Our readers pointed out some interesting quotes in yesterday’s thread on Bill English’s attempt to bully journalists into silence over his housing allowance rort.
“The test of whether someone enjoys my confidence is not a legal test and I have never argued that Dr Worth broke any legal test.’
It’s a legal test and I am absolutely satisfied he has met the legal test
Guyon Espiner: :a legal test but morally, in the eyes of any reasonable thinking person, if it’s a fiamly trust then surely he has a massive interest in it
Key: Well the requirement is around the legal test and I am satisfied he has no pecuniary interest.
The question is not whether he has broken the law, but whether he has behaved according to the standards of a minister.
So why is English getting softer treatment than the test both he and Key have set? Why is it OK for English to behave immorally by changing his personal financial arrangements to maximise his allowances within the letter but not the spirit of the rules as long as it’s not illegal? (Key’s statements amount to an admission of that)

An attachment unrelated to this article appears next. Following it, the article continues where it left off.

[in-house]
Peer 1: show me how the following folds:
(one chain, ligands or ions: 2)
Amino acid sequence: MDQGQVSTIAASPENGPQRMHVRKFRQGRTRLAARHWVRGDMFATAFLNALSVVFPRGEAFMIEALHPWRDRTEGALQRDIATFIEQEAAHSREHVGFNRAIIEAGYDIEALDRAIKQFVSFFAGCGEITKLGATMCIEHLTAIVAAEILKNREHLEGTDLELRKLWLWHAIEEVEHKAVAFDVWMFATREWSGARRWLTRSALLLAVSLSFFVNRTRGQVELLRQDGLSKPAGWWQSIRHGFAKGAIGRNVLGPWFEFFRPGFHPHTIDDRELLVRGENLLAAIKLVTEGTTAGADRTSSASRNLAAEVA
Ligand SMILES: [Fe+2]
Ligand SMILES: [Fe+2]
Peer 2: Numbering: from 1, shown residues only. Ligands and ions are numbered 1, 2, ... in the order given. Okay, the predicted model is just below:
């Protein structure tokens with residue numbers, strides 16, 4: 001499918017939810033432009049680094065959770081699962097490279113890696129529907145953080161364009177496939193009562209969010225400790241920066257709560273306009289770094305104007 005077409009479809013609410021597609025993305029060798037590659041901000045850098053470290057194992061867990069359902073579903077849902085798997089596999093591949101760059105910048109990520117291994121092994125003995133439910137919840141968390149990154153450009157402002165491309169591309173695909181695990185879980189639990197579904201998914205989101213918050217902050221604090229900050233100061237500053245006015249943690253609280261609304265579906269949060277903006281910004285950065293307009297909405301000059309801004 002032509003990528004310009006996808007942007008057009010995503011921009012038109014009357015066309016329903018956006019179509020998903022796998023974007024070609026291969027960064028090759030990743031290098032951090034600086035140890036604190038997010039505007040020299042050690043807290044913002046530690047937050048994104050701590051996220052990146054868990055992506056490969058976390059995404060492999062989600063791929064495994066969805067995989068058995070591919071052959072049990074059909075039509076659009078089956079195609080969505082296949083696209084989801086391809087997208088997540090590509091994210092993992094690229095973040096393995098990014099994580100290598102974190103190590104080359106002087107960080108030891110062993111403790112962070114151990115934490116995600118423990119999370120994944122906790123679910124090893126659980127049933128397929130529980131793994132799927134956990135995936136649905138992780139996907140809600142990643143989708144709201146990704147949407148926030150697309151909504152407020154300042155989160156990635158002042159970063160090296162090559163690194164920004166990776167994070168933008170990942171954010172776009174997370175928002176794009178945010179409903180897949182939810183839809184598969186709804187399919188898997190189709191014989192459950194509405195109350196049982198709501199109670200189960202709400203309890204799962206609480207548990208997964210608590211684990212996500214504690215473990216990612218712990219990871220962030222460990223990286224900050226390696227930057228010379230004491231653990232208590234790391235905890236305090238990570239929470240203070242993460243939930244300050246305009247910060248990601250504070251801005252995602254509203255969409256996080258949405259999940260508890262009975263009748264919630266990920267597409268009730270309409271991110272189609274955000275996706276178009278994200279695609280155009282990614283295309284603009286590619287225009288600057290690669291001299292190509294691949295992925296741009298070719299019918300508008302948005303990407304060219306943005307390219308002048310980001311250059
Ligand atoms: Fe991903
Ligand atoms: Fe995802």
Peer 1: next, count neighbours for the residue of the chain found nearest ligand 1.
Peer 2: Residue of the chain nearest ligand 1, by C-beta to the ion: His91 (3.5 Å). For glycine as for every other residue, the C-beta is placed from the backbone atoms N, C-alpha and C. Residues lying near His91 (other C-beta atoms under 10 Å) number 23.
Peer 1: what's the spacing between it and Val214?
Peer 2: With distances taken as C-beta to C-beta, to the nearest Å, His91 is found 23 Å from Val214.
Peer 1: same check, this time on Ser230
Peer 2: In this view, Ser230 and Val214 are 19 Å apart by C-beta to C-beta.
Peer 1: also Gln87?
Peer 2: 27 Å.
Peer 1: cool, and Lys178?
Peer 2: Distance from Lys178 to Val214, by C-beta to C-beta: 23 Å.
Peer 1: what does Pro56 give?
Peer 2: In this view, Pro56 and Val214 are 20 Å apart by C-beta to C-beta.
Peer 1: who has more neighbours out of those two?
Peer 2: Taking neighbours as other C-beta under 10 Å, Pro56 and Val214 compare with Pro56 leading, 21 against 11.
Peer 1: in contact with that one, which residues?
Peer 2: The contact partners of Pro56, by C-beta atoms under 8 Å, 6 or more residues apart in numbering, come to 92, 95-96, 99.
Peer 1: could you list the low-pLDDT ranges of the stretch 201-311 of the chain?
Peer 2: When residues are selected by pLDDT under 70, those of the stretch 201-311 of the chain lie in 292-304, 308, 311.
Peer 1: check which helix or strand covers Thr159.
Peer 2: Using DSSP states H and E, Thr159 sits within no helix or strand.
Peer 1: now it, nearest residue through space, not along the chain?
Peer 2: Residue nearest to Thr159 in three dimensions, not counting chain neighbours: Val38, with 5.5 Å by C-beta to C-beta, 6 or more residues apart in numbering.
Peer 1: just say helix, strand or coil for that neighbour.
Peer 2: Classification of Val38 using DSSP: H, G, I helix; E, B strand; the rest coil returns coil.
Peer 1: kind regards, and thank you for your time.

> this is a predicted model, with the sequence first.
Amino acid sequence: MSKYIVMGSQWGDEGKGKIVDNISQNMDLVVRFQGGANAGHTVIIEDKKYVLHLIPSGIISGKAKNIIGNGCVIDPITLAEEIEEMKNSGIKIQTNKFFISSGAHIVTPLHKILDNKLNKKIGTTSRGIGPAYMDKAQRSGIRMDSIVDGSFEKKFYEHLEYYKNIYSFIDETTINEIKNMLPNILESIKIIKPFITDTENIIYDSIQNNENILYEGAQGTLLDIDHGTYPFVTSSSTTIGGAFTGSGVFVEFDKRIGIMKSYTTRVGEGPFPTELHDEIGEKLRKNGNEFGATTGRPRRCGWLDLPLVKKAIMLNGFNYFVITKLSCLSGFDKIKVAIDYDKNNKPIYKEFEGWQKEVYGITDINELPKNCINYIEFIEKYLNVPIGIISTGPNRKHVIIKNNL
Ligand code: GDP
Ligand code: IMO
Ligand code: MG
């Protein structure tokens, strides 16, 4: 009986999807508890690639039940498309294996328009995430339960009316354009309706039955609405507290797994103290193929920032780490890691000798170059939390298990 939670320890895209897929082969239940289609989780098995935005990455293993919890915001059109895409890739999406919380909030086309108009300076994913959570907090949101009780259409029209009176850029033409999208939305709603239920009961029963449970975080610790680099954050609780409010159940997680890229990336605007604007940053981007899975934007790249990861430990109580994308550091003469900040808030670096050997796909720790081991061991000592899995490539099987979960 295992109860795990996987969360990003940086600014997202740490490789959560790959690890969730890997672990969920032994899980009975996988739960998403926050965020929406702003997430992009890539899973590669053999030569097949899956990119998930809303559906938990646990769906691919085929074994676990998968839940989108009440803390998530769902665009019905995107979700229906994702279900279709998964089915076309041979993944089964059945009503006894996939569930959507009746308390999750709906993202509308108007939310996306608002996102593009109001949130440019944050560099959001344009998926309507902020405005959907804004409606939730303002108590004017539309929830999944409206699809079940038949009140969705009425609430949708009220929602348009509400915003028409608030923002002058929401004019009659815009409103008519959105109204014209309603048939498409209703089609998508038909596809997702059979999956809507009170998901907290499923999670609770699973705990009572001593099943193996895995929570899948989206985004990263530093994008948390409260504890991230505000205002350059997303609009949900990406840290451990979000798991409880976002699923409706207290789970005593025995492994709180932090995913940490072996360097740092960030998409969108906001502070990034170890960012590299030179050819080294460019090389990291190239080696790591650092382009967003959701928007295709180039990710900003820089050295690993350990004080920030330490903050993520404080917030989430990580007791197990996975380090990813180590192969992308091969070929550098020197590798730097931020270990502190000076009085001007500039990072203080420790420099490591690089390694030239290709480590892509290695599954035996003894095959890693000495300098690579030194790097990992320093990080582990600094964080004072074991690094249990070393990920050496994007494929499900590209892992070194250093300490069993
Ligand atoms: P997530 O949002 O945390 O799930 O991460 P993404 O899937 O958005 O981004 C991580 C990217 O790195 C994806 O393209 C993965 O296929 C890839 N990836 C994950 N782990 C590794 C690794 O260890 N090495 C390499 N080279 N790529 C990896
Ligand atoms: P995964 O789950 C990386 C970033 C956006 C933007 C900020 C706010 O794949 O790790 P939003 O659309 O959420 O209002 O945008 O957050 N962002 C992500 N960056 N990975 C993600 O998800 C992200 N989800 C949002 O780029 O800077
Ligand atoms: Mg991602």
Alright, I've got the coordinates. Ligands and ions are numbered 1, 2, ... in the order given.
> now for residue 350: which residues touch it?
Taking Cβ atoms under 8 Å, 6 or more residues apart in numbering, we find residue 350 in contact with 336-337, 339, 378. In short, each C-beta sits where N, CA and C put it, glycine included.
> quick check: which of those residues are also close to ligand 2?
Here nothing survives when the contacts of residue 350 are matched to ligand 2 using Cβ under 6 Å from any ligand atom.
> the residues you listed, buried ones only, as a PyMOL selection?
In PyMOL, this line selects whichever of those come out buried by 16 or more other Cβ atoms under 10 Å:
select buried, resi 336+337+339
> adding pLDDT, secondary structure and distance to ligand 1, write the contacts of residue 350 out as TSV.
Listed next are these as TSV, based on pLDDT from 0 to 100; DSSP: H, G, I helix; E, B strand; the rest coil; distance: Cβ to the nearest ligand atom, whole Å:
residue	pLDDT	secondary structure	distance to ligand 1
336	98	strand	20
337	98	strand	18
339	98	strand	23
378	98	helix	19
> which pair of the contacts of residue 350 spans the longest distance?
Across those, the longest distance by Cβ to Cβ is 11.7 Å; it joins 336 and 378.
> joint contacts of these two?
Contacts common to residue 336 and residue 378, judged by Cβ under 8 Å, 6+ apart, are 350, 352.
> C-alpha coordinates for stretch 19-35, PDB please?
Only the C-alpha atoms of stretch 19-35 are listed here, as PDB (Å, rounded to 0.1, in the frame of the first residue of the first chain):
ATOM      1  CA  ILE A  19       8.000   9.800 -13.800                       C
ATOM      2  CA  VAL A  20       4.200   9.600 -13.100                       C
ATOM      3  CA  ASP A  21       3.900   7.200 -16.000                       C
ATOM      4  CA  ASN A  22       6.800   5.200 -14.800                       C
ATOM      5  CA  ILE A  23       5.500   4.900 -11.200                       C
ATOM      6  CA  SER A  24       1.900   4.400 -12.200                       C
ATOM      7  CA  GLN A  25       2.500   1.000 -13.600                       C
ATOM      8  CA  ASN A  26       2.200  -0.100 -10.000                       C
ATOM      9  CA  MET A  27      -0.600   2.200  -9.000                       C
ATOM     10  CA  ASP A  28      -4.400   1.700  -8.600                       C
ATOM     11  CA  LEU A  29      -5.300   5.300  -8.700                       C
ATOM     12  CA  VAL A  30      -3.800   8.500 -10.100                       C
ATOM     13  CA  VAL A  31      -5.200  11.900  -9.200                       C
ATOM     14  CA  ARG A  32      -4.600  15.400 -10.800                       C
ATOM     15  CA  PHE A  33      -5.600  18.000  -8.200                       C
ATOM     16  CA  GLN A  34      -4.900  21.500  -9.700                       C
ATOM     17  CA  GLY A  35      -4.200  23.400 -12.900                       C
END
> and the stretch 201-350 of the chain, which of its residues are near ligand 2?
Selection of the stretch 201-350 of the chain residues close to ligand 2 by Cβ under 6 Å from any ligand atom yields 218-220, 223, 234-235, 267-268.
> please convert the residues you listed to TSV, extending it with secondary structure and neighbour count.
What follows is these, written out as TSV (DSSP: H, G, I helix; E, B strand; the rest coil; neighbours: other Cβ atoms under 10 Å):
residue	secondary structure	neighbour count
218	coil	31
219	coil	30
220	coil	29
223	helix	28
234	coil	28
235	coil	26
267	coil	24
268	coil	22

We know why. National can’t govern without English. He does everything; all the heavy lifting. Reports we’ve heard from various people dealing with ministers is that ministers cannot take decisions themselves without getting English’s approval first. Can you imagine if Wilkinson, Tolley, Nick Smith, Bennett, Brownlee, and the other bumblers and incompetents had to try to do their jobs without English holding their hands?
The simple fact is Key has to turn a blind eye to English’s rorting because he is too weak and couldn’t govern without him.
Now, what happens if the Auditor-General decides English has broken the rules or if further evidence comes to light proving that the rules were changed to enable his rort?